First: two disclaimers. 1.) The “style” of my blog layout capitalizes all of the first words in my post titles — I know better than that, but I don’t want to pay for the ability to correct this. 2.) When I mention a specific product here, I do so honestly.
About blogs: For those of you who don’t have one of your own, you may not be aware that there is some semi-accurate software attached to my blog that tells me how many people visit my site each day, and where they come from if they clicked a link to get here. Typically I only get a visitor count, and sometimes I get a site reference — usually what seems to happen is one of you clicks on a link to the right, and the owner of that site gets a link to my site and they visit (is this making any sense? I’m very tired and inarticulate today). So today I have two referrers. One of you is reading my blog through Bloglines, apparently. Thanks for subscribing! And someone (this is so crazy) is searching blogs for mentions of Chopin vodka and picked mine up: http://www.technorati.com/search/CHopin%20vodka. This both amazes me (that this is possible) and freaks me out a little (that this is such an open arena).
If you go to the site, you’ll see a little area on the side that asks if I want to “Write a quick explanation of the buzz around Chopin vodka.” Technorati runs this, and calls it “WTF” (supposedly “where’s the fire,” but even my British friends know better than that), where you can report on the buzz surrounding anything — Spears’ shears, your favorite band, whatever. For kicks, I posted a WTF. I’ll let you know what happens… maybe they’ll pay me? I’ll just mention here that I accept both cash and vodka…
I don’t know who is behind this, but the keyword here is definitely buzz. Buzz marketing is something we should be concerned about, as it threatens to make us all into marketers. Not that all marketers are bad, but don’t we all hate the college girls at bars who give you free shots of something kind of icky and maybe a keychain? (Okay, maybe we don’t hate them, but do we think they really like us, or do we think they’re maybe trying to sell us something in the long run?) What happens when people just like us (without samples) pose as sincere, regular people but have ulterior motives? Will you recommend your dentist if he gives you a discount, even if you’re not that jazzed about him? Will you start carrying around a certain kind of water if the company gives it to you for free? Or wearing a little too much pricey perfume (free to you) as a conversation starter? This might sound a little paranoid, but it’s seriously happening. And I think it’s happening on a grander scale than we realize.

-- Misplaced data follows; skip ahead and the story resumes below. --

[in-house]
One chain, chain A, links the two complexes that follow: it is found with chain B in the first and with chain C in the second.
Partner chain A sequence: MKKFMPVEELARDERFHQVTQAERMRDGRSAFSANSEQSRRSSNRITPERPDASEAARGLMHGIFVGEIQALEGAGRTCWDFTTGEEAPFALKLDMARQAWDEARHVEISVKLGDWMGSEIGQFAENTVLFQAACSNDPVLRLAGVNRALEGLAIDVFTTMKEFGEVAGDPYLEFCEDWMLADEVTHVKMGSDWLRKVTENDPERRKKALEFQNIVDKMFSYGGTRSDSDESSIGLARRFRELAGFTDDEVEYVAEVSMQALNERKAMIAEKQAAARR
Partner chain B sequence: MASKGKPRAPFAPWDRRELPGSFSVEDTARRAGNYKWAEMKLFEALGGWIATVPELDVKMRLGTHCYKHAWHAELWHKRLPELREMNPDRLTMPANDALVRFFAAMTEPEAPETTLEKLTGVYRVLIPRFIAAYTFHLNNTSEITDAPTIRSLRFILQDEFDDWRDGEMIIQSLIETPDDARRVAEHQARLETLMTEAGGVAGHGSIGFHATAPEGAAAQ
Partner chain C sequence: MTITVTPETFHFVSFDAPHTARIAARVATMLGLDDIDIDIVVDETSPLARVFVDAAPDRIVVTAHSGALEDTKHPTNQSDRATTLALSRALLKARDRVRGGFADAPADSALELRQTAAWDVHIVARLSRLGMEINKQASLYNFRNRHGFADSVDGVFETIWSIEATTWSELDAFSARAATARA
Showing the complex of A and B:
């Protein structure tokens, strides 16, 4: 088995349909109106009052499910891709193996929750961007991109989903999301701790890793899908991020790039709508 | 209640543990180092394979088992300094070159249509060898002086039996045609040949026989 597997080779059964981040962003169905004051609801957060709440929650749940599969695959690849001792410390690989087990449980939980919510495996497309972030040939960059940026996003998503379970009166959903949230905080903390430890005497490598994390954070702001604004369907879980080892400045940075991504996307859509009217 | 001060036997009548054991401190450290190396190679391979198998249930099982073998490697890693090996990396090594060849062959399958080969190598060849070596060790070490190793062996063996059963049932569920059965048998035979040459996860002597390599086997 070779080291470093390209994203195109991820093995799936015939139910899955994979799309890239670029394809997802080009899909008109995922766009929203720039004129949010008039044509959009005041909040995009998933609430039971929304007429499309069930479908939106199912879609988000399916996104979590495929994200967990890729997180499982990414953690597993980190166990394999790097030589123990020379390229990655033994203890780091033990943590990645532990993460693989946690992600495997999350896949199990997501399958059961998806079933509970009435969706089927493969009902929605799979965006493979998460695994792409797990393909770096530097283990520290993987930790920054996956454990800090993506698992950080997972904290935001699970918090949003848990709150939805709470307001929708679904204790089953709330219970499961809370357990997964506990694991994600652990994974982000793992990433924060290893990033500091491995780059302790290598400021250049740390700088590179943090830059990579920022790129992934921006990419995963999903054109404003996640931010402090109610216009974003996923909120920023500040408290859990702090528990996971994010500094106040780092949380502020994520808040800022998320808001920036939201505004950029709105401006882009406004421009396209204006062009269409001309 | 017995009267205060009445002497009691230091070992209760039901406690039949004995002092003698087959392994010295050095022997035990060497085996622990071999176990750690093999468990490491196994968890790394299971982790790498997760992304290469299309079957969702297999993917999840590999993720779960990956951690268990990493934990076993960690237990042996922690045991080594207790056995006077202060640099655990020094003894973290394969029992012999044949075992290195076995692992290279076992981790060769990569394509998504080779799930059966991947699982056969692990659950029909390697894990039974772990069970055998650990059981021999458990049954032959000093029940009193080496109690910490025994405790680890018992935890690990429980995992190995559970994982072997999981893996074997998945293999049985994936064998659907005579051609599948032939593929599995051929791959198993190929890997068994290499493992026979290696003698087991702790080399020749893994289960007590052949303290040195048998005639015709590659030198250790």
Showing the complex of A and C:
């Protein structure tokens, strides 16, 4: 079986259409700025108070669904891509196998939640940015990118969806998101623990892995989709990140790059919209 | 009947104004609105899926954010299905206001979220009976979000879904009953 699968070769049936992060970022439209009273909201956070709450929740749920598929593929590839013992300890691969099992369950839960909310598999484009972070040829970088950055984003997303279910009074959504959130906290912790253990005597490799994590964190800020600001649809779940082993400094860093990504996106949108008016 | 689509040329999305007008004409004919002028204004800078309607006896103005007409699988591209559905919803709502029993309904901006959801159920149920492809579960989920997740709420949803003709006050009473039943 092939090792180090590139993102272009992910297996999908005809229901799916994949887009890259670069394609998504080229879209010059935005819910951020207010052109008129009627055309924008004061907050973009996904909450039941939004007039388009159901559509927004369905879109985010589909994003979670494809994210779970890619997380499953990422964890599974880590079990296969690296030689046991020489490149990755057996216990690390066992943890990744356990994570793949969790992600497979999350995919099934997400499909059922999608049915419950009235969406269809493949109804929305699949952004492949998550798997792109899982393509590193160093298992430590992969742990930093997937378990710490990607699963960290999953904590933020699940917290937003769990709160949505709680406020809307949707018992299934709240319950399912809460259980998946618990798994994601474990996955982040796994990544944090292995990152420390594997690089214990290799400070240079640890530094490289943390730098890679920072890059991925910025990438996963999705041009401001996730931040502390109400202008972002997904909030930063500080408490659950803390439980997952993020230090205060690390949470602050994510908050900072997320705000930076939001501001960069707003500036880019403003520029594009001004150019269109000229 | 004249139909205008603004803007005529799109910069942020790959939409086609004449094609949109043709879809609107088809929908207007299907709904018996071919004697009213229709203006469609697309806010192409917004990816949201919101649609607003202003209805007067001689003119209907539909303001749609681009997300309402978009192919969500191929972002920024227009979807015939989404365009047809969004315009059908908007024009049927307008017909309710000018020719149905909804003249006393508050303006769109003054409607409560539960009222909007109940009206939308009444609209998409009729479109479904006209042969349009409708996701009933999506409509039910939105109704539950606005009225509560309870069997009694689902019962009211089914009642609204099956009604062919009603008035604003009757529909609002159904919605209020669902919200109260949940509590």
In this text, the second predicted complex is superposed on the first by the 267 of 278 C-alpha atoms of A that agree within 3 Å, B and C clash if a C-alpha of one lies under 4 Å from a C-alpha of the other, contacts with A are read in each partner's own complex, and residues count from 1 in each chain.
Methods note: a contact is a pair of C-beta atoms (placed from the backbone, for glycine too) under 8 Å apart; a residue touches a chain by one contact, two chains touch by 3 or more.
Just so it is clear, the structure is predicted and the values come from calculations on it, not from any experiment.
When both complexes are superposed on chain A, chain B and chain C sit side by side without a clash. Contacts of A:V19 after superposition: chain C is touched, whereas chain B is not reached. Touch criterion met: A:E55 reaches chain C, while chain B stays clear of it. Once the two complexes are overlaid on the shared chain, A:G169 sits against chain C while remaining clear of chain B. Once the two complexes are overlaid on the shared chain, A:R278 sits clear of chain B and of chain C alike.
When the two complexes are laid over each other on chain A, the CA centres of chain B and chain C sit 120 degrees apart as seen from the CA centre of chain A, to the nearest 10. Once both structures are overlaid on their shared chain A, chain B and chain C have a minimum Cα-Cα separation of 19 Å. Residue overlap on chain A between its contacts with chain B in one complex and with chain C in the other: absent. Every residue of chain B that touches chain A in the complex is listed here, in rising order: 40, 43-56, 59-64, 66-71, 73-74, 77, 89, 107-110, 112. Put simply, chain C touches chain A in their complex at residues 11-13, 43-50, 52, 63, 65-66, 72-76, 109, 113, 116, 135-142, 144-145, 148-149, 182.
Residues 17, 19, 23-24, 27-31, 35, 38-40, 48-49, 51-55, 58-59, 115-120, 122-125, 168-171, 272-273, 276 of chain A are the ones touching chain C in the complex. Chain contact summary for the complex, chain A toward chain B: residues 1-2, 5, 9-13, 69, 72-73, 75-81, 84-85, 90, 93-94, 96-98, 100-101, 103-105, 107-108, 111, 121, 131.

This NPR story from last year gives a pretty good picture of what buzz marketing is, and who is using it. I just think it’s so interesting that people are paying so much for this, and that it apparently works. I think it really degrades actual buzz and can cause suspicion when a person is honestly recommending a product. For example: I can’t leave a grocery store without buying a Lara Bar (or six) because they’re so delicious and one of my staples. I love that there is no crap in them — just fruit and nuts and sometimes a spice or two thrown in, and I love that they’re made locally. Whenever I see someone deliberating which Clif bar to buy, I always mention the Lara Bars. I have given them to several of my friends and family, a couple of whom are nearly equally addicted now. I’ve never met the folks at Lara Bar (though they did respond to my e-mail suggesting they test a carrot cake bar, more or less saying thank you but they probably wouldn’t). I pay $1.39 a bar like the rest of you (at Whole Foods, which is surprisingly cheaper than other places in this regard). I just like sharing a good thing.
I have a friend who does the same thing with MyChelle cosmetics, another who swears by all things Patagonia, and another who just really loved Talbots for a while there (happy birthday to her, by the way). I know people who won’t hire anyone who doesn’t come through personal recommendations of people they already know and trust (sketchy from a legal/HR perspective, but all of that aside, probably wise). I recently bought a color correction book based on the recommendation of an unemployed graphic artist who may or may not have been intoxicated but clearly had spent many hours perusing the Photoshop section in Barnes and Noble… And I should mention that the book is fantastic. Most of us have our favorites that we aren’t shy about promoting, and often our friends — and even strangers — appreciate that advice. It feels so honest. But it just isn’t all the time. And that’s kind of scary.
So… I’ll let you know what happens with the Chopin, if anything. If they give me a free bottle, I’ll even have a party in its honor. But do know that my promotions and mentions are sincere.